Cost for Taxpayers In Latest Bucks Deal?
Bucks gave ground. But it’s still a huge bite for taxpayers.
It turns out Republicans and Democrats can agree on something: a bill charging taxpayers to subsidize billionaire sports owners and millionaire players. A bipartisan vote of the Wisconsin Senate approved a Bucks bailout and it remains only for the state Assembly to pass the bill as Gov. Scott Walker’s approval is expected.
So what will it mean for taxpayers? You’d think in the eight days since the senate approved the bill, the media would have provided a complete accounting of taxpayer costs. Nope.
First the good news. A key change in the bill added a surtax of $2 per Bucks’ ticket sold — a major concession by the team. Sports owners hate a ticket tax because it creates a constraint on how much they can raise ticket prices. The tax is expected to raise $2 million per year and really lowers the public’s contribution by that amount, but there is huge loophole in the bill (affecting all parties): it doesn’t spell out if the tax ever sunsets.
For now I’ll assume it extends for at least the likely 30-year-life of the arena. Three-fourths of that money will be kicked back to the Wisconsin Center District, to help pay off the $93 million in bonds it will issue, with an estimated total cost (with interest payments included) of $195 million. Minus $45 million from ticket tax, that’s a total cost of about $150 million.
The cost for Milwaukee County remains the same at $80 million, though the idea of using more aggressive debt collection to offset some of that was killed.
The city cost is $47 million plus $1.5 million (according to city officials) to tear down a parking garage to make room for planned development costs.
That brings us to a total public cost of $363.5 million, with the state paying $85 million or 23 percent. That’s way down from Walker’s original proposal, whereby the state would have paid 88 percent of the costs.
Given that local taxpayers are paying 77 percent of the costs, and that the new Wisconsin Center District will oversee the new arena, UWM Panther Arena, Milwaukee Theatre, convention center and Marcus Performing Arts Center, all local entities, it makes sense that its board will (eventually) have predominantly local representation. Until the arena is constructed the board will include three appointees by the governor, but after it is completed, those appointees are given to the Milwaukee County Executive. The board’s 17 members at that point will include the head of the state Department of Administration, the Senate Majority leader and Assembly Speaker and the minority leaders of these two houses, two appointments by Milwaukee’s mayor, three by the Common Council president and a position for the city comptroller, and five appointments by the Milwaukee County Executive and a position for the county comptroller. You’ll note the county board chair gets no appointees, a result I’m guessing both County Executive Chris Abele and Republican leaders favored.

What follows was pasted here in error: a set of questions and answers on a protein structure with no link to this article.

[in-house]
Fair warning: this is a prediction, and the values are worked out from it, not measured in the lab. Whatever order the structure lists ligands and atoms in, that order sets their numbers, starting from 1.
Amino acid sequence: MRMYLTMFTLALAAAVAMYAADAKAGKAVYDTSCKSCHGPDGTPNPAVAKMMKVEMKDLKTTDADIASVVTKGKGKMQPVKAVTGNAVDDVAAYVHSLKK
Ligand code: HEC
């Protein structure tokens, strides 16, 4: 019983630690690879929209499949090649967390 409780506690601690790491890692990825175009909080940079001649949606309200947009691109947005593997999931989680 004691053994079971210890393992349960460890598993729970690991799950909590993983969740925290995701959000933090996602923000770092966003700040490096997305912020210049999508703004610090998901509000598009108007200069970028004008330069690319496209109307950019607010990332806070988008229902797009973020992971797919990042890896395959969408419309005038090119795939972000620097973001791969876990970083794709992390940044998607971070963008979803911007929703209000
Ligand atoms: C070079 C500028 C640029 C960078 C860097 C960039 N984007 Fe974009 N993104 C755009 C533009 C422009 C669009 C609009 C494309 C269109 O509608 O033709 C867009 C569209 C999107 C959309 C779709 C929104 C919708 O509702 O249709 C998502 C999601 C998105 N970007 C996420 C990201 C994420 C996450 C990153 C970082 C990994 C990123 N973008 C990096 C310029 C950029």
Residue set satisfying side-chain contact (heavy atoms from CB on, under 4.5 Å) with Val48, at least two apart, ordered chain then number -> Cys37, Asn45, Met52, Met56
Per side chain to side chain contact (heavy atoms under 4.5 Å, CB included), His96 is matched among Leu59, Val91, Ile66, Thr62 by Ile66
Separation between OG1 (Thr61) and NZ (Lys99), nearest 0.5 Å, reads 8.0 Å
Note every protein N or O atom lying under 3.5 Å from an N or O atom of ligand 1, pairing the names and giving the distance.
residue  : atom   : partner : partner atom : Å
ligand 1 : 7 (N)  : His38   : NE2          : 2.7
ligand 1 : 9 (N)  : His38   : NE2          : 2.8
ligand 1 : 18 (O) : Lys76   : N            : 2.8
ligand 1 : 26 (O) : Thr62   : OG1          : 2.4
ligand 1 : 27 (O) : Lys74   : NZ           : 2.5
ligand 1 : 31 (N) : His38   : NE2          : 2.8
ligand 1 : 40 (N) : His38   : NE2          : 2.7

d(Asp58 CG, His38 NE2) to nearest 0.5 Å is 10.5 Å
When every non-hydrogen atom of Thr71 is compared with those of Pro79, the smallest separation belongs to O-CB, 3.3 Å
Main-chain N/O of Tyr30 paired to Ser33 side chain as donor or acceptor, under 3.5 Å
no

In addition to all the publicly discussed costs, there all kinds of other costs the media ignores, namely:
-A property tax exemption will extend to nine acres of development by the Milwaukee Bucks, which the bill says “may include offices of the professional basketball team…, parking spaces and garages, storage or loading facilities, access ways, sidewalks, skywalks, plazas, transportation facilities, and sports team stores.” We will never learn the total value of this complex because its exempt and will never be appraised by the city, but even assuming a value of just the $500 million estimate for the arena, that’s nearly $15 million in property taxes lost annually or $450 million over 30 years. (For a real business the assessed value might be lower than this but over time the tax rate would rise and I’m applying current rate for all 30 years.)